The different OPEC members paths may diverge from here. Sticking to the production agreement may lead to higher oil prices and this will further improve OPEC’s finances. However, the world economy is not immune to higher oil prices and pressure from the US on OPEC is building to increase production.
 
Unfortunately, while higher prices help all OPEC members (at least in the short term), a production increase will only benefit the countries with spare capacity (ie, mostly Saudi Arabia).
 
Not surprisingly, Venezuela and Iran would rather keep the production cuts in place, as neither country has much, if any, spare capacity and both are facing US sanctions, which could lead to further reductions in output. Iran’s exports will be facing challenges when sanctions start to bite in November.
 
What are the possible scenarios for the tanker market? The worst case would be a decision later this month to do nothing, ie continue the production cuts. This will lead to rising prices, as problems in Venezuela continue to mount and many Iranian buyers gradually start to reduce their purchases to avoid US sanctions.
 
As we move closer to the November cut off, Iranian exports may decline further.
 
A tightening oil market in combination with rising geopolitical tension could push oil prices to levels where it starts to impact global demand. Rising US oil production is a positive for global oil balances, but, due to a lack of pipeline capacity, US shale producers are facing increasing problems getting their product to (export) markets.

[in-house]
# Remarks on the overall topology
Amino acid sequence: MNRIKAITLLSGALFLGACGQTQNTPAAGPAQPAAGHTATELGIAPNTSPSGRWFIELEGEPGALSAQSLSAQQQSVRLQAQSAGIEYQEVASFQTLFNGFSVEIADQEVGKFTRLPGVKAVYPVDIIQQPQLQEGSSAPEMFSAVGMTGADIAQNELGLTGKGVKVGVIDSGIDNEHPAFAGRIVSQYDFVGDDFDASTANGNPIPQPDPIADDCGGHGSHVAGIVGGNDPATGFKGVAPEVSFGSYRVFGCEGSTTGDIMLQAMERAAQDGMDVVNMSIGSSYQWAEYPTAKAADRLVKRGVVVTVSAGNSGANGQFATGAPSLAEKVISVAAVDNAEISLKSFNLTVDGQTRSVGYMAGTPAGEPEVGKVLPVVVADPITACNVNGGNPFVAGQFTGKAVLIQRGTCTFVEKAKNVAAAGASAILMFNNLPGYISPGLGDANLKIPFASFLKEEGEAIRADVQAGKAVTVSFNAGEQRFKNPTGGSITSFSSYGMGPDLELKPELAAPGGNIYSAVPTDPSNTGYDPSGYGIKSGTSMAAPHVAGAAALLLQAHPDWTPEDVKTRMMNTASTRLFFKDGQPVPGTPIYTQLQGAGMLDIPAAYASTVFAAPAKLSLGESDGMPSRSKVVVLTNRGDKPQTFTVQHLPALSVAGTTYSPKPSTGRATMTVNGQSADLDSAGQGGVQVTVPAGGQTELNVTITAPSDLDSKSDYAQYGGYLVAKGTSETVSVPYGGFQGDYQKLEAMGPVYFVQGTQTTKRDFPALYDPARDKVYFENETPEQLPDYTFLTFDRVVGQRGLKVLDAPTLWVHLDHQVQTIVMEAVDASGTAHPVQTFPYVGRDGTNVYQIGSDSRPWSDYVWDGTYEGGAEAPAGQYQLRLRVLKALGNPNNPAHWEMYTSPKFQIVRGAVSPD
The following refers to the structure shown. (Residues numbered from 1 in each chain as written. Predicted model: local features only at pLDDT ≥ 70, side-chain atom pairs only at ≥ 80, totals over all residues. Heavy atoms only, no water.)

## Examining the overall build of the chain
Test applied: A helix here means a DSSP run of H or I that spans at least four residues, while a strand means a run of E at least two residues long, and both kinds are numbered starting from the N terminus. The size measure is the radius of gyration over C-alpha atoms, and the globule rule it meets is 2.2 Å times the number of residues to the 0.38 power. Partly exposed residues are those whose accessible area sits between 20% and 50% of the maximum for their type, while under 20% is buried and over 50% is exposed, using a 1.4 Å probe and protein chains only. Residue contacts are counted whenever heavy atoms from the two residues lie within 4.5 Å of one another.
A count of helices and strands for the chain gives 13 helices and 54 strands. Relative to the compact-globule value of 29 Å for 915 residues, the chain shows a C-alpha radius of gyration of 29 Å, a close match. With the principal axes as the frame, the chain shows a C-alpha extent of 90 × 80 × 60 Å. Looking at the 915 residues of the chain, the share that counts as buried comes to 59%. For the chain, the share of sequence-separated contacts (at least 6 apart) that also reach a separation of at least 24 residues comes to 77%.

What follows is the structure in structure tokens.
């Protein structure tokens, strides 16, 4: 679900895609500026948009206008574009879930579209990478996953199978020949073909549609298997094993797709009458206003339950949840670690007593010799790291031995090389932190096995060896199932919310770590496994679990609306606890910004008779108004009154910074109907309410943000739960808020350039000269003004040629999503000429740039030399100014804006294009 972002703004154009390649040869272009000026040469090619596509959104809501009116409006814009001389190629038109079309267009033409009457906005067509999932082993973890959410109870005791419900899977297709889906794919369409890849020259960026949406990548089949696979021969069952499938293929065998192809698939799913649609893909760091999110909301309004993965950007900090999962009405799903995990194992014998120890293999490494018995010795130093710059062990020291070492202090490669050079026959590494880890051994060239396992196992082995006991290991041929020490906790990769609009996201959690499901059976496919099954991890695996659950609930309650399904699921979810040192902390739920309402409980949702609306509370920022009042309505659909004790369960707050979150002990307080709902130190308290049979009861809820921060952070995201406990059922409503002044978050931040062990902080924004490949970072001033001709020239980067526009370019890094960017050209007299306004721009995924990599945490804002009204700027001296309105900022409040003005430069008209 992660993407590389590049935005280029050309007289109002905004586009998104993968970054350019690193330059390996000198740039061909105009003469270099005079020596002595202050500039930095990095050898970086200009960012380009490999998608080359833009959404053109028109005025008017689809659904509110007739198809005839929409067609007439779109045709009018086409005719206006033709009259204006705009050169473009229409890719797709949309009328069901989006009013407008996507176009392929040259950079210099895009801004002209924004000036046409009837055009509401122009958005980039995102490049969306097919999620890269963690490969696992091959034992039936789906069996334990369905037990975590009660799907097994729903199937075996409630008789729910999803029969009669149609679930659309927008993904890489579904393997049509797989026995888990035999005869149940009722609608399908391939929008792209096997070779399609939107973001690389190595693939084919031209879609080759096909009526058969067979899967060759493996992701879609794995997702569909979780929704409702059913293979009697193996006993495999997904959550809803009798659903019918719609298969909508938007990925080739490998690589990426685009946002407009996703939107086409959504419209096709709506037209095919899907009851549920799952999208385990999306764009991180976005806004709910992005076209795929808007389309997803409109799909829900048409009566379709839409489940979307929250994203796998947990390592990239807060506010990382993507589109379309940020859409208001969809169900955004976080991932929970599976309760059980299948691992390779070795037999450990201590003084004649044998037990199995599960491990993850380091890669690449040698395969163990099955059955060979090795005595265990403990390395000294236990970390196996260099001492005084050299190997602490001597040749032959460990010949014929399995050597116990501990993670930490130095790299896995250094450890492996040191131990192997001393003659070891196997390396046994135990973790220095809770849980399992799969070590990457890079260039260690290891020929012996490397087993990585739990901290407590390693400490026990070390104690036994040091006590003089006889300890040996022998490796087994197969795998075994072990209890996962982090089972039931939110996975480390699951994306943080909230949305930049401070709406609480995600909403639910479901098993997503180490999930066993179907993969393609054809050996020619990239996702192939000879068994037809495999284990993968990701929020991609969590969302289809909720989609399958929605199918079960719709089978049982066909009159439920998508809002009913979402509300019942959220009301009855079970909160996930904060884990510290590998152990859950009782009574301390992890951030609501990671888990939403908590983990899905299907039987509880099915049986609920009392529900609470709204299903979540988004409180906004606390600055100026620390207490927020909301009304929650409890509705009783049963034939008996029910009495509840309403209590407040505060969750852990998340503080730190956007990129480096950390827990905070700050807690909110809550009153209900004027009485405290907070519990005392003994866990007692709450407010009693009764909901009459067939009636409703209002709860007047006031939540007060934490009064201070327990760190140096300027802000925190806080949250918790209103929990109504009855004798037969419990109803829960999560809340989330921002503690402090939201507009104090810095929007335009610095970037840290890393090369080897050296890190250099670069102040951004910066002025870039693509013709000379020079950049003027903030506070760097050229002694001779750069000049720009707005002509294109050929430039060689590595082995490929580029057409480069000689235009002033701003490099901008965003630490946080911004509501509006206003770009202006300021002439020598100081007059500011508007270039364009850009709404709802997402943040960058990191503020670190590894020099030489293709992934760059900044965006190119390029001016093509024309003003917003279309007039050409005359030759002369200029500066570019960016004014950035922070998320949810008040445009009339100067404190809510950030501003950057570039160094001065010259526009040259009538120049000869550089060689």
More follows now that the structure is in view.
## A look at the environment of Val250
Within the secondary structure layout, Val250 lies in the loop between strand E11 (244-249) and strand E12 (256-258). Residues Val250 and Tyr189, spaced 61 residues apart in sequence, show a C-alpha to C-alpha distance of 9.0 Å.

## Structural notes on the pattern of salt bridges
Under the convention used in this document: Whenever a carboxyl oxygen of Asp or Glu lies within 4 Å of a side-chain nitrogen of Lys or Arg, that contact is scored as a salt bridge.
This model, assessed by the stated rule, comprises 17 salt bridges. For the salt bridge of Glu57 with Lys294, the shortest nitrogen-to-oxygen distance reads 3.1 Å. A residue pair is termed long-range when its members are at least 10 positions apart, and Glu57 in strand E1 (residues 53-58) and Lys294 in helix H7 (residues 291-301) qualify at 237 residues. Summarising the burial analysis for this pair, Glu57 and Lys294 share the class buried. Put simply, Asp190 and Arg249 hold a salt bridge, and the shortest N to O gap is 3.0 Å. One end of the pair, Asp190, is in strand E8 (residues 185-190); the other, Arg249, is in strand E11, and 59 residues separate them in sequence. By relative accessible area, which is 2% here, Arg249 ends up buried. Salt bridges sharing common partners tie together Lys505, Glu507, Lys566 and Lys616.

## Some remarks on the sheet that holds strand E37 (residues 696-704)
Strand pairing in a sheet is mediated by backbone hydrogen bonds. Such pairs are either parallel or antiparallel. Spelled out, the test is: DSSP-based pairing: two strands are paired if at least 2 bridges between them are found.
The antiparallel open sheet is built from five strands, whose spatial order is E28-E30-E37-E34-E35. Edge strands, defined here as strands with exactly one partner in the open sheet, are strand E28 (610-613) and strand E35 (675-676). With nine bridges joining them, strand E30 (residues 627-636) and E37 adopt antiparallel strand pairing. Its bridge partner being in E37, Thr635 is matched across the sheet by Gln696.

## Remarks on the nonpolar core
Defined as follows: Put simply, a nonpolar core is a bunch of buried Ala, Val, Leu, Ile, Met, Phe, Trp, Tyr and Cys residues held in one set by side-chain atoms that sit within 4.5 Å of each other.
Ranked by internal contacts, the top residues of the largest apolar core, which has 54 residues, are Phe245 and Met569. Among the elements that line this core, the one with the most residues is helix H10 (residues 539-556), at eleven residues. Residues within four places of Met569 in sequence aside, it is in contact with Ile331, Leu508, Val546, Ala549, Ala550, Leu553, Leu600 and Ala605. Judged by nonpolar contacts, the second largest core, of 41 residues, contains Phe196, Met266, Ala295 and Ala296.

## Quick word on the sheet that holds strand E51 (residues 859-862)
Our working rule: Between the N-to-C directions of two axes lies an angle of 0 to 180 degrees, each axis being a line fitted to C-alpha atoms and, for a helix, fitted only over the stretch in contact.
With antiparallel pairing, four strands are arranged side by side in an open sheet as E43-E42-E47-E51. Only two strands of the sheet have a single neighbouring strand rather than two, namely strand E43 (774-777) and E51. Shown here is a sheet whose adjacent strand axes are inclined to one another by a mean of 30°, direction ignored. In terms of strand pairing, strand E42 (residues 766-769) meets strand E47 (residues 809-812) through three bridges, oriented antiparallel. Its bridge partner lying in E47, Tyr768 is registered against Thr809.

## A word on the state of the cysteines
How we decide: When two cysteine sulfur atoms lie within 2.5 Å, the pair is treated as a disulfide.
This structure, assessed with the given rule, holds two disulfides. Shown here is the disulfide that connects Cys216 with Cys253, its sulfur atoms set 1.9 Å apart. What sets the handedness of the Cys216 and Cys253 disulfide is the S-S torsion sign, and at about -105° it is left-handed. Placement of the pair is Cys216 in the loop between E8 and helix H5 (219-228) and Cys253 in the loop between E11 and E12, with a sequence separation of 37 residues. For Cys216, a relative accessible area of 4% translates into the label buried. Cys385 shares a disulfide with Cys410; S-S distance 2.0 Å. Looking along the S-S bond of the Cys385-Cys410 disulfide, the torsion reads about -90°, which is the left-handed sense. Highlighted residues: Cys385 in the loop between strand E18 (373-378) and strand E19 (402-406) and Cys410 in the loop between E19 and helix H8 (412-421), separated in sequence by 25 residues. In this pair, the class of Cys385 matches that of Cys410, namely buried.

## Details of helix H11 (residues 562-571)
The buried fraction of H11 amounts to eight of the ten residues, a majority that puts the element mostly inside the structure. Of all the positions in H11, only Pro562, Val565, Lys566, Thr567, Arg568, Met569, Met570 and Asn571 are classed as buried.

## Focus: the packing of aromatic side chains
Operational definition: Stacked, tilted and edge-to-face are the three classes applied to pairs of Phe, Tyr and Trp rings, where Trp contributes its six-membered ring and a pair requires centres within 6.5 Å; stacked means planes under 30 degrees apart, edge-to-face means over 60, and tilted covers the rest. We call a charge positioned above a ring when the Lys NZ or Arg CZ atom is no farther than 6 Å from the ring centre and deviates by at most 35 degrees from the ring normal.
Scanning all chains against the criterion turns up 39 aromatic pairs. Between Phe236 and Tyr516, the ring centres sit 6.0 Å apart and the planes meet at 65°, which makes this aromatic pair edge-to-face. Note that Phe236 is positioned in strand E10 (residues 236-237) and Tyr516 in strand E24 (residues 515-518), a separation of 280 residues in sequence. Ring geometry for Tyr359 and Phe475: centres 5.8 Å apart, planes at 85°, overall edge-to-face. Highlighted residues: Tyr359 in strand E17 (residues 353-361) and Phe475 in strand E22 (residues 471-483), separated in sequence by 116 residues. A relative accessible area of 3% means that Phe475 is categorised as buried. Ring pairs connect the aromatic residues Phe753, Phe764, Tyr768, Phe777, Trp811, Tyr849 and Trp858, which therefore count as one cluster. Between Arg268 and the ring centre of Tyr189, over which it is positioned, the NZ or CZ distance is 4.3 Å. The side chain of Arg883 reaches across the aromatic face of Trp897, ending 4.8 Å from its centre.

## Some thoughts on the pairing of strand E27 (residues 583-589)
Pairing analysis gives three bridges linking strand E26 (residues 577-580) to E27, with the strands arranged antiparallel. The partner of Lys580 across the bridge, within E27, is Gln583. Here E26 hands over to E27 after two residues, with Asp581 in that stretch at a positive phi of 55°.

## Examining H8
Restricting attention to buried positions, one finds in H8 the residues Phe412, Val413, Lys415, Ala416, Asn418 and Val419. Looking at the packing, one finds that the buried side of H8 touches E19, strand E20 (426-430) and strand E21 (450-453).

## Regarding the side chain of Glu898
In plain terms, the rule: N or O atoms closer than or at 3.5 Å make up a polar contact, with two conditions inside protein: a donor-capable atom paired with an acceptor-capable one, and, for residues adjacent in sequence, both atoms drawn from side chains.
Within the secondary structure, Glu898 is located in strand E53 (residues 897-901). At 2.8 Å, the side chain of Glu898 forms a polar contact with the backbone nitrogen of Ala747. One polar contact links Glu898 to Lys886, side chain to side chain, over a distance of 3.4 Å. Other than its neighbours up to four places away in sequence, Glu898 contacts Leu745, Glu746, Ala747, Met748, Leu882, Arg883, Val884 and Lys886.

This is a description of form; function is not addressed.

The best-case scenario for the tanker market would be a decision by OPEC to boost output, mainly from producers in the Middle East (Saudi Arabia, UAE, Kuwait). Combined with Iranian sanctions and more floating storage, this could reverse the decline in OPEC-related tonne/mile demand that resulted from the production cuts in 2017.
 
Falling oil prices may provide an additional boost to tanker demand as it stimulates oil demand growth and stock building. We don’t know what will happen, but we do know what tanker owners are hoping for, Poten concluded.
 
Some analysts are already predicting a rise in production at next week’s meeting - Ed.

Thursday, June 14, 2018

Venezuela eyes first-ever refining of foreign oil - documents

PdVSA's Amuay refinery complex. The country's falling production has proved a boon - so far - for other producers participating in an output cut deal. Carlos Garcia Rawlins / Reuters 
FILE PHOTO: A general view of the Amuay refinery complex which belongs to the Venezuelan state oil company PDVSA in Punto Fijo, Venezuela November 17, 2016. REUTERS/Carlos Garcia Rawlins/File Photo

HOUSTON (Reuters) - Venezuela is considering producing fuels from foreign crude oil for the first time, according to planning documents seen by Reuters, as the country struggles to meet its obligations despite having the world’s largest crude reserves.